So here is a short movie titled 'Fall With Me' by Hon Hoang, a Vietnamese-American photographer and film maker currently based in Los Angeles. This short movie is about leaving a life one has made, and follows the story of a couple, moments before they go their own separate way. 

It's reminiscent of Wong Kar-wei's work in terms of saturated colors, dark and moody scenes and the unconsummated, or cut short, relationship. How many of us would disagree with " In life, in love, you either end up resenting or regretting" uttered by the sultry actress Lyena Kang.

Hon Hoang is a freelance photographer and videographer, and is involved in various photography projects such as EnFlight.Design and Asia Photo Review. EnFlight.Design is a web site devoted to the production, publication, and education in photography, design and cinema.

Asia Photo Review is a community to showcase the best photography being produced from Asia and Asian photographers around the world, whose goals are to promote honest reflections of these countries and the stories the inhabitants have to tell.

Wednesday, 22 January 2020

Anna May Wong | Google Doodle

Anna May Wong (Photo © Edward Steichen. Colorized by Miko2660) 
On January 22, Google Doodle (the special, temporary alteration of the logo on Google's homepages intended to commemorate holidays, events, achievements, and notable historical figures) celebrated Anna May Wong (1905–1961), considered to be the first Chinese-American Hollywood movie star. The date marks 97 years since the release of The Toll of the Sea, the movie in which Wong had her first leading role.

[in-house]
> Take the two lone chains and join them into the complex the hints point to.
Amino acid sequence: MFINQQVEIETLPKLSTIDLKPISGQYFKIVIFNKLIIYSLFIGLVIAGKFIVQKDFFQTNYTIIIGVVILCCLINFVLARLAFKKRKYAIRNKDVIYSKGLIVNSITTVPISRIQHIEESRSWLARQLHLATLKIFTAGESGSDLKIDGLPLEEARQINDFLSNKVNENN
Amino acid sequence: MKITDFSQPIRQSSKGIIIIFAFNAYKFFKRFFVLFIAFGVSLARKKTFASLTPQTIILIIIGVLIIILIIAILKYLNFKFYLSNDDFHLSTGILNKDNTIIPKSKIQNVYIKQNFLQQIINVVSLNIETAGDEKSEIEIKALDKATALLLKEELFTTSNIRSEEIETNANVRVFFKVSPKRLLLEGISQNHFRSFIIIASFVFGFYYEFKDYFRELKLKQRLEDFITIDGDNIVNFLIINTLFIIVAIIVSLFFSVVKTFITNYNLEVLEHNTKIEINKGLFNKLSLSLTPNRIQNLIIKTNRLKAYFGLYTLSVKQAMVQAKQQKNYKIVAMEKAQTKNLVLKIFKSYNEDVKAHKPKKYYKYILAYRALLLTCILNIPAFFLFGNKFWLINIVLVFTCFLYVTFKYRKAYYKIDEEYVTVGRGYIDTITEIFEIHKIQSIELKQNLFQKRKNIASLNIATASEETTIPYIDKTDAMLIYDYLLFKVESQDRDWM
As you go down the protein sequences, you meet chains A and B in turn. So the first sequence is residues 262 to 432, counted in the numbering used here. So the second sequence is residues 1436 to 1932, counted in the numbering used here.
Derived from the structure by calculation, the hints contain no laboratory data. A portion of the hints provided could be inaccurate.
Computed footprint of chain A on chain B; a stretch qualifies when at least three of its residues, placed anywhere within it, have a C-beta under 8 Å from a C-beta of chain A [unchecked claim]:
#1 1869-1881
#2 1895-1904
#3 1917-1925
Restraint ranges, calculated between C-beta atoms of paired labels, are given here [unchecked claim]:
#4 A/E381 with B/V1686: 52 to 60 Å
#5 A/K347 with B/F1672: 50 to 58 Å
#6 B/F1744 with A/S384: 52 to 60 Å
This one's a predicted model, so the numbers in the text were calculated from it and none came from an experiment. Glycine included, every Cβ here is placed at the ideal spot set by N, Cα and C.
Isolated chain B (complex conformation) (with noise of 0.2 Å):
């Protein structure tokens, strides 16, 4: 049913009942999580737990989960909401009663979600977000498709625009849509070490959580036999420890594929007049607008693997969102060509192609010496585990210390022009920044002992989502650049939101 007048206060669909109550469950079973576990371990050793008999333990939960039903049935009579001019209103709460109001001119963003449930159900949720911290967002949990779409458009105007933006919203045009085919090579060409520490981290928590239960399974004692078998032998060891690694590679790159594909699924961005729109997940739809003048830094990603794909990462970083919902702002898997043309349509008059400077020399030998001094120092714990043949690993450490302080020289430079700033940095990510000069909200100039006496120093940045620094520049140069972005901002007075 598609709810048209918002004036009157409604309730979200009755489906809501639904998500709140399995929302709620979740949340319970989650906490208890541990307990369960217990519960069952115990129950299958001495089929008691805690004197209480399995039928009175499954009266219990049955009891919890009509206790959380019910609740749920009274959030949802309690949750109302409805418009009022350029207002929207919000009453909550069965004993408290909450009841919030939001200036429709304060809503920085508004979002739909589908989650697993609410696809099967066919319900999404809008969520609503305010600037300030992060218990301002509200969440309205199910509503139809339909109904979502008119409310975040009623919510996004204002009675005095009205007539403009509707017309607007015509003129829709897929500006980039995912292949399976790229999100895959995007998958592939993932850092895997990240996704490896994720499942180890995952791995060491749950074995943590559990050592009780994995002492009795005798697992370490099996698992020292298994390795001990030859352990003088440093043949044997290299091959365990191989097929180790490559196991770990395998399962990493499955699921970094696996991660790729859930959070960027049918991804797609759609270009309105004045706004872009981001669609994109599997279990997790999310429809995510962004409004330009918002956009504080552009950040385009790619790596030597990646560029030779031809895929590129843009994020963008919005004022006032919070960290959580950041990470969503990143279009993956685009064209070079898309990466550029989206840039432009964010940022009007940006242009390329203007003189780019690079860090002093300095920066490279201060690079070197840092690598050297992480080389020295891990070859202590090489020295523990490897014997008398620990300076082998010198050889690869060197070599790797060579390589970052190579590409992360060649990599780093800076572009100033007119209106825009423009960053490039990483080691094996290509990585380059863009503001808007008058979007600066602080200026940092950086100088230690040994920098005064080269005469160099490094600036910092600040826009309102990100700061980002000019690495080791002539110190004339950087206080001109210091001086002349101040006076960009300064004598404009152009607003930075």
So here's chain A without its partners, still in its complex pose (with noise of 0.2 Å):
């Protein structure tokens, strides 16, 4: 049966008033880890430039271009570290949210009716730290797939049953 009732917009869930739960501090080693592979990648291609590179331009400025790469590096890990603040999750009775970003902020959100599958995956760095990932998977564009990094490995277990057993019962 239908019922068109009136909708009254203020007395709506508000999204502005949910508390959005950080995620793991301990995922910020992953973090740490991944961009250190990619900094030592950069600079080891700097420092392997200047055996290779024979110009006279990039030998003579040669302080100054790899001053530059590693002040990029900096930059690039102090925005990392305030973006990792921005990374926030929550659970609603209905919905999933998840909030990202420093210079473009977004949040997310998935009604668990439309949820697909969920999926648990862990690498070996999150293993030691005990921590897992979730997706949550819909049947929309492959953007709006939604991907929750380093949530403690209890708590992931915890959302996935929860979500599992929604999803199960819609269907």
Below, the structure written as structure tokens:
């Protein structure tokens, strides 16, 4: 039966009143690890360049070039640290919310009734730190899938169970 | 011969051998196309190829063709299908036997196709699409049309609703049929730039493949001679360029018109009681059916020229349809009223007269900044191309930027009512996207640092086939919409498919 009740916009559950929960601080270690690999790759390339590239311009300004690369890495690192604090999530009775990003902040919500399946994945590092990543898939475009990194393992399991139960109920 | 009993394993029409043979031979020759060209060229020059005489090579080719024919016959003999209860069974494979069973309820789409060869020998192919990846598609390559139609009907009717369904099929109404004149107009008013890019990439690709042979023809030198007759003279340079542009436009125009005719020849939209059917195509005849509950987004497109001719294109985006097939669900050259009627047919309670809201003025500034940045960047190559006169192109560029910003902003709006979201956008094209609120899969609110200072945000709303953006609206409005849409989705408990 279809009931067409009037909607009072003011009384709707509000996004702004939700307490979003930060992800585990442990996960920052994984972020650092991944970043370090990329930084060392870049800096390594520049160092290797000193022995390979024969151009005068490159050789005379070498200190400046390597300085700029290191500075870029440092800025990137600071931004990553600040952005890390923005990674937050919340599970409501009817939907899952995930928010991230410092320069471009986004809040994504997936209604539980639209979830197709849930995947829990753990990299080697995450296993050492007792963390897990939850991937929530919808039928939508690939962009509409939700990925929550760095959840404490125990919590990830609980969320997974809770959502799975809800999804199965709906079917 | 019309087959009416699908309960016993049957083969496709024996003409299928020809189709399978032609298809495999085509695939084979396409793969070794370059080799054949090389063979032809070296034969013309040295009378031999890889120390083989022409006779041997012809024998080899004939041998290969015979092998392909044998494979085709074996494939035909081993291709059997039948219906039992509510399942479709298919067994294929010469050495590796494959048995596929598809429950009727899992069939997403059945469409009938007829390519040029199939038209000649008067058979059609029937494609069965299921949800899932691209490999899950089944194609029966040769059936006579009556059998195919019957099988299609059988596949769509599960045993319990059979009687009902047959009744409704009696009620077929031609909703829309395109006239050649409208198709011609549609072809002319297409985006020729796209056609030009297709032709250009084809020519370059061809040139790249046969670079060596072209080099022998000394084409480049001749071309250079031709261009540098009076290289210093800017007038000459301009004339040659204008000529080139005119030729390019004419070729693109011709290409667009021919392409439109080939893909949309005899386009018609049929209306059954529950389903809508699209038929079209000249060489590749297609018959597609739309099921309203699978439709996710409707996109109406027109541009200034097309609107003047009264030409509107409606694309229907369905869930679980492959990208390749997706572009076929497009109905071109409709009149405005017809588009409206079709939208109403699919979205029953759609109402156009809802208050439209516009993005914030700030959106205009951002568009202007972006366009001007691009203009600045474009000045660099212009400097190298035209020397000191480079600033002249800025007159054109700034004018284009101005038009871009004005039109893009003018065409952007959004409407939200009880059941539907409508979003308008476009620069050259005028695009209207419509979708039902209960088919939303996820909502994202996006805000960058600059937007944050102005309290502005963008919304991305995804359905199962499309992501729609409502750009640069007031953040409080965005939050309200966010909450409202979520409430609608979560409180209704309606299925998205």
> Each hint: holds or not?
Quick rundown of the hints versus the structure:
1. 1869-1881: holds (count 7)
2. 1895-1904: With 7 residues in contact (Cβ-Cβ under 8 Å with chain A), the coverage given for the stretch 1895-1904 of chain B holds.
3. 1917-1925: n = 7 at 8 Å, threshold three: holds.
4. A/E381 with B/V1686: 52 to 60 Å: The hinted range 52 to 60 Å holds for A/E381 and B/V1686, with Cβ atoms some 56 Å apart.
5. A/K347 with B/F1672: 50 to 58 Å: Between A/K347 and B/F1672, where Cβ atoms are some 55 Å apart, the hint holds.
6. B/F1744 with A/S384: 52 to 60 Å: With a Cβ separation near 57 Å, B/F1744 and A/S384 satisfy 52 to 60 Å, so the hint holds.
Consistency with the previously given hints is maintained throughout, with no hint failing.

Wong was born in Los Angeles, California, as Wong Liu Tsong on January 3, 1905. Wong's family was from Taishan, China, and she grew up speaking both English and Cantonese. Deciding she wanted to be a movie star, Wong chose Anna May Wong as her stage name when she was just 11.


She was on the big screen from the 1920s to the 1960s. Though she was cast in mostly narrow, stereotypical roles early in her career in the US, she moved to Europe in the late 1920s where she worked with some of the biggest names of the day like Laurence Olivier and Marlene Dietrich. Her move to Europe -where she became a sensation- was because she was tired of being both typecast and being passed over for lead Asian character roles in favor of non-Asian actresses.


Enticed by the promise of lead roles and top billing, she returned to the United States, and starred in a number of films. In both America and Europe, Wong had been seen as a fashion icon for over a decade. 

Through her films, public appearances and prominent magazine features, she helped to humanize Chinese Americans to white audiences during a period of intense racism and discrimination.

One of the Google Doodle:


Monday, 20 January 2020

China Dolls | Nathalie Daoust | Dodho Magazine

Photo © Nathalie Daoust - All Rights Reserved
Nathalie Daoust's Wikipedia page tells us that her China Dolls project is a study of contemporary Chinese women, the role(s) they have in society and the consequences of the country's one child policy. Most of her compelling portraits can best be viewed on Dodho magazine's website.

These portraits were individually made in a darkened room, to spotlight the subjects who have “remained in shadows.”  Using a specially constructed human-sized box, so they could sit in the dark, alone with their thoughts, they were photographed with light painting.

Each black and white print is hand colored and printed on ceramic tile, reinforcing the notion of the ‘China Doll’ and reflecting the fragile situation of the modern Chinese woman.

Ms Daoust travelled to China in 2006 for an artist residency with the Red Gate Gallery and fell in love with the culture. Since then, she has looked for any excuse to return to China and has spent many months exploring the country.